The United States beat Nigeria by 83 points – 156-73.
It’s taken quite a while to digest that, mostly because Team USA won a game by 83 points.
Never has one game presented a better argument for a need to change the way Team USA players are selected.
Odds are, Nigeria won’t be playing for a medal this year. That means the dominant teams like the United States should have no problems against teams like Nigeria.
However, a margin of victory that lopsided makes one stop and think about which players the United States should be sending to the Olympics.
While I was watching the game at Grand Central Bowling alley with my friend Jerry, we started talking about the idea of a U-23 Team USA that has received some attention lately.
We both agree that 23 seems an arbitrary age to throw out there, but since it’s the one being discussed by folks like David Stern and the media, we’ll go with it.
And we both agree that the United States should go with it.
The Olympics are a place where we get to discover amazingly talented individuals we had never heard of before.
Without the Olympics, Gabby Douglas wouldn’t be a name you recognize. Neither would Michael Phelps or Usain Bolt or Kerri Strug or Carl Lewis.
Without the Olympics, we would still understand how great LeBron James and Kobe Bryant are. We might not realize that Carmelo Anthony has the ability to knock down 10-of-12 3-pointers in a game, but we still know he’s a damn good basketball player.
By switching up the selection model of Team USA, we might discover hidden superstars that wouldn’t get the opportunity to succeed otherwise. A player who may excel in college but not the NBA could make a tremendous international player.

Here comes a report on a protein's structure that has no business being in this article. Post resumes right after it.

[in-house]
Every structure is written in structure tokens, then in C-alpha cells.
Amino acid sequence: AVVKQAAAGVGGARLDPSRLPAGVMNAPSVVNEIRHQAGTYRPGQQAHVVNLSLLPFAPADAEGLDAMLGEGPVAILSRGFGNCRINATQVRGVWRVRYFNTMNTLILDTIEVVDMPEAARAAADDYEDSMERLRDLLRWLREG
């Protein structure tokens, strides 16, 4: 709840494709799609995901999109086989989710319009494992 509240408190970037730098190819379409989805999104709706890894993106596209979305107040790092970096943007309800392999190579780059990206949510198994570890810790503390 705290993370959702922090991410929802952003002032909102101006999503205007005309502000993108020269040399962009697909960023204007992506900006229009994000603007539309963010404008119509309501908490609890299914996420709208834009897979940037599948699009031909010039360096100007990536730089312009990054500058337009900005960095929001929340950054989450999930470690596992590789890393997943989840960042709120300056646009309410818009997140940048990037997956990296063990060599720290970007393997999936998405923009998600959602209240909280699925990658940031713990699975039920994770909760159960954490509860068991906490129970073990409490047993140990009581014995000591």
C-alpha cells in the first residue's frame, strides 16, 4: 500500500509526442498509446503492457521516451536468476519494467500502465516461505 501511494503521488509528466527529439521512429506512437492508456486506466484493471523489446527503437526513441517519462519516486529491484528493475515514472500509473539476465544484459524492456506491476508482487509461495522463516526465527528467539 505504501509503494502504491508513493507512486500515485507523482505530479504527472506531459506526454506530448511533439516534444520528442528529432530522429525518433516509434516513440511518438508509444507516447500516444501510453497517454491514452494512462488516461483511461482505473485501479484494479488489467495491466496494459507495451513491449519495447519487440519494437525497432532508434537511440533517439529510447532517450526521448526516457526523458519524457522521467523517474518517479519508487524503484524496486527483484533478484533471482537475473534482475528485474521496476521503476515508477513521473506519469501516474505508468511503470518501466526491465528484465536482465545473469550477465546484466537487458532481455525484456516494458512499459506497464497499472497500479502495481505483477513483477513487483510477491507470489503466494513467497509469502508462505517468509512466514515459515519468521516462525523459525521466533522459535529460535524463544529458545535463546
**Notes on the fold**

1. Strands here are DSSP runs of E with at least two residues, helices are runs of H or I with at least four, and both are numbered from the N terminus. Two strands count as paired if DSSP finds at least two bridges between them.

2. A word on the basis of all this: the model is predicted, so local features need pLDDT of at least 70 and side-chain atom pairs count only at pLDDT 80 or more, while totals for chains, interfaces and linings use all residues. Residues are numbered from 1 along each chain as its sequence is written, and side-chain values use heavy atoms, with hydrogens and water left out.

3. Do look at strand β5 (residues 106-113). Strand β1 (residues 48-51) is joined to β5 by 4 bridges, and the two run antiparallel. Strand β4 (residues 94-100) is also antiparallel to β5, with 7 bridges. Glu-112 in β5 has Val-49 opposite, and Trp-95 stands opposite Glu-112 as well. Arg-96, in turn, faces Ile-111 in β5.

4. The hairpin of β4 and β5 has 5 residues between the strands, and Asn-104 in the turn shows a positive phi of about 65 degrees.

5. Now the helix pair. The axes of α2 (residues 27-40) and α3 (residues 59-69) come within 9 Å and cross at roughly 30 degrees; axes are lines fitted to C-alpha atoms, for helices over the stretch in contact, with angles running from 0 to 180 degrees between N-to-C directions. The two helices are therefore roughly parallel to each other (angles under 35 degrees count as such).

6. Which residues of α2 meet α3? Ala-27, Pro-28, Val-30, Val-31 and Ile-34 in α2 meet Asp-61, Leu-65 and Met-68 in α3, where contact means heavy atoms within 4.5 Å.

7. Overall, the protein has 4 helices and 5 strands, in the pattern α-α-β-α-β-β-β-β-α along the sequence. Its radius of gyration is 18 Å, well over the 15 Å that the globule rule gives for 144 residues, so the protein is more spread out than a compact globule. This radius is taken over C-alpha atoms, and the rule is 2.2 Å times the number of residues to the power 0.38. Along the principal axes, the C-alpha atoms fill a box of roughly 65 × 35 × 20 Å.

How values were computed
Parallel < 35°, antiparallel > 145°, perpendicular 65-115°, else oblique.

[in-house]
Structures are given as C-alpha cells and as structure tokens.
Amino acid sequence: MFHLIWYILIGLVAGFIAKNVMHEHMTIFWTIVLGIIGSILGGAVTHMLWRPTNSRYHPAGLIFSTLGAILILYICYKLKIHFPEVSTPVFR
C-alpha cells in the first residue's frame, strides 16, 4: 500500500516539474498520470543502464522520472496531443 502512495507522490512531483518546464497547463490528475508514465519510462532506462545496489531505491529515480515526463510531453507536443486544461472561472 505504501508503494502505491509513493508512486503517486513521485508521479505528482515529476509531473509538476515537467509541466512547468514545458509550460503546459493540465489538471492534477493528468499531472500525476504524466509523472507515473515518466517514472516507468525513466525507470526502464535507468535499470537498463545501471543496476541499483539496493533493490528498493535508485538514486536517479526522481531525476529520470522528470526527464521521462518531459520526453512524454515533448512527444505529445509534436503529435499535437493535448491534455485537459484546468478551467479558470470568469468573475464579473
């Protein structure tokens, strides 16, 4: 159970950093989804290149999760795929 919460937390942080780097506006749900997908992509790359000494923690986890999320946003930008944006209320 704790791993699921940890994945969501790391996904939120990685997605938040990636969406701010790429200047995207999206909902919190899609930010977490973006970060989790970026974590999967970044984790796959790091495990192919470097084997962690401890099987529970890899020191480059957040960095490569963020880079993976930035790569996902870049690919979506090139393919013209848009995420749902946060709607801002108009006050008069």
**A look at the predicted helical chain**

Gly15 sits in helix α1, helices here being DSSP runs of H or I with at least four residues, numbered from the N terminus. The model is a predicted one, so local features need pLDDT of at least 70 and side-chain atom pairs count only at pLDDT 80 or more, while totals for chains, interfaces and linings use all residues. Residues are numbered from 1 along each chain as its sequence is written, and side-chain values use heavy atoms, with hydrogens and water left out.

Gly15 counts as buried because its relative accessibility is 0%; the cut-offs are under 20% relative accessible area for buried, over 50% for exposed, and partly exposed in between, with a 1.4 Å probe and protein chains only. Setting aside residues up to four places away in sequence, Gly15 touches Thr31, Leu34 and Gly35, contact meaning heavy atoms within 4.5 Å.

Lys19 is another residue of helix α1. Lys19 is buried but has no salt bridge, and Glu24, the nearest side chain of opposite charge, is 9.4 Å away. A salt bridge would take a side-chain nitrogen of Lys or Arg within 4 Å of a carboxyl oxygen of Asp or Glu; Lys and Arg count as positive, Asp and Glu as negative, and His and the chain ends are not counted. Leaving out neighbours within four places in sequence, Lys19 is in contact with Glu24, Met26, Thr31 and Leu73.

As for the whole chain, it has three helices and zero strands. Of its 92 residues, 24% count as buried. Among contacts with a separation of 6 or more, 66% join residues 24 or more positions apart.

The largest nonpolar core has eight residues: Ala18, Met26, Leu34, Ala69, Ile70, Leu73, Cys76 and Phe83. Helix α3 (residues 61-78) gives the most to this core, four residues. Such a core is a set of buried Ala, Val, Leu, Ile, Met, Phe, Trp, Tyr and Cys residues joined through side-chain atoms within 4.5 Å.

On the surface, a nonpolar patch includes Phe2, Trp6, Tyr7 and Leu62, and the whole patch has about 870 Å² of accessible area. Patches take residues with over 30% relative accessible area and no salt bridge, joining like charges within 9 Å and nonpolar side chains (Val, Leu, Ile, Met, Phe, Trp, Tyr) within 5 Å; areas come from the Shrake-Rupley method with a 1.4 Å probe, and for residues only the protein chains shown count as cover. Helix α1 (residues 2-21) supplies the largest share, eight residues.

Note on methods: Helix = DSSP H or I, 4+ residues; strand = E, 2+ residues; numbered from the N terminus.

Rudy Fernandez is a key cog in the Spanish national team, but his biggest contribution to Portland was the 3-goggles.
Perhaps it would be Terrence Jones exploding for 37 points in a blowout against Nigeria had the United States opted for a U-23 team. He’s got the combination of size, strength and athleticism to dominate many international opponents.
People may know Jones’s name from his time at Kentucky, but having a breakthrough game on the Olympic stage would transcend anything he might have done on a college campus.
Creating a team of NBA stars lets us sit back, watch and laugh as the USA bench combines to make 22-of-33 3-point attempts in a ridiculous “game.”
Offering the opportunity to our country’s best young players – whether they play in college, the NBA or in Rucker Park – would let us develop more stars and Olympic heroes. It would allow the sport of basketball to give us a Missy Franklin or a Misty May-Treanor or a Rulon Gardner.
And who knows? Maybe those youngsters could give us an 83-point win.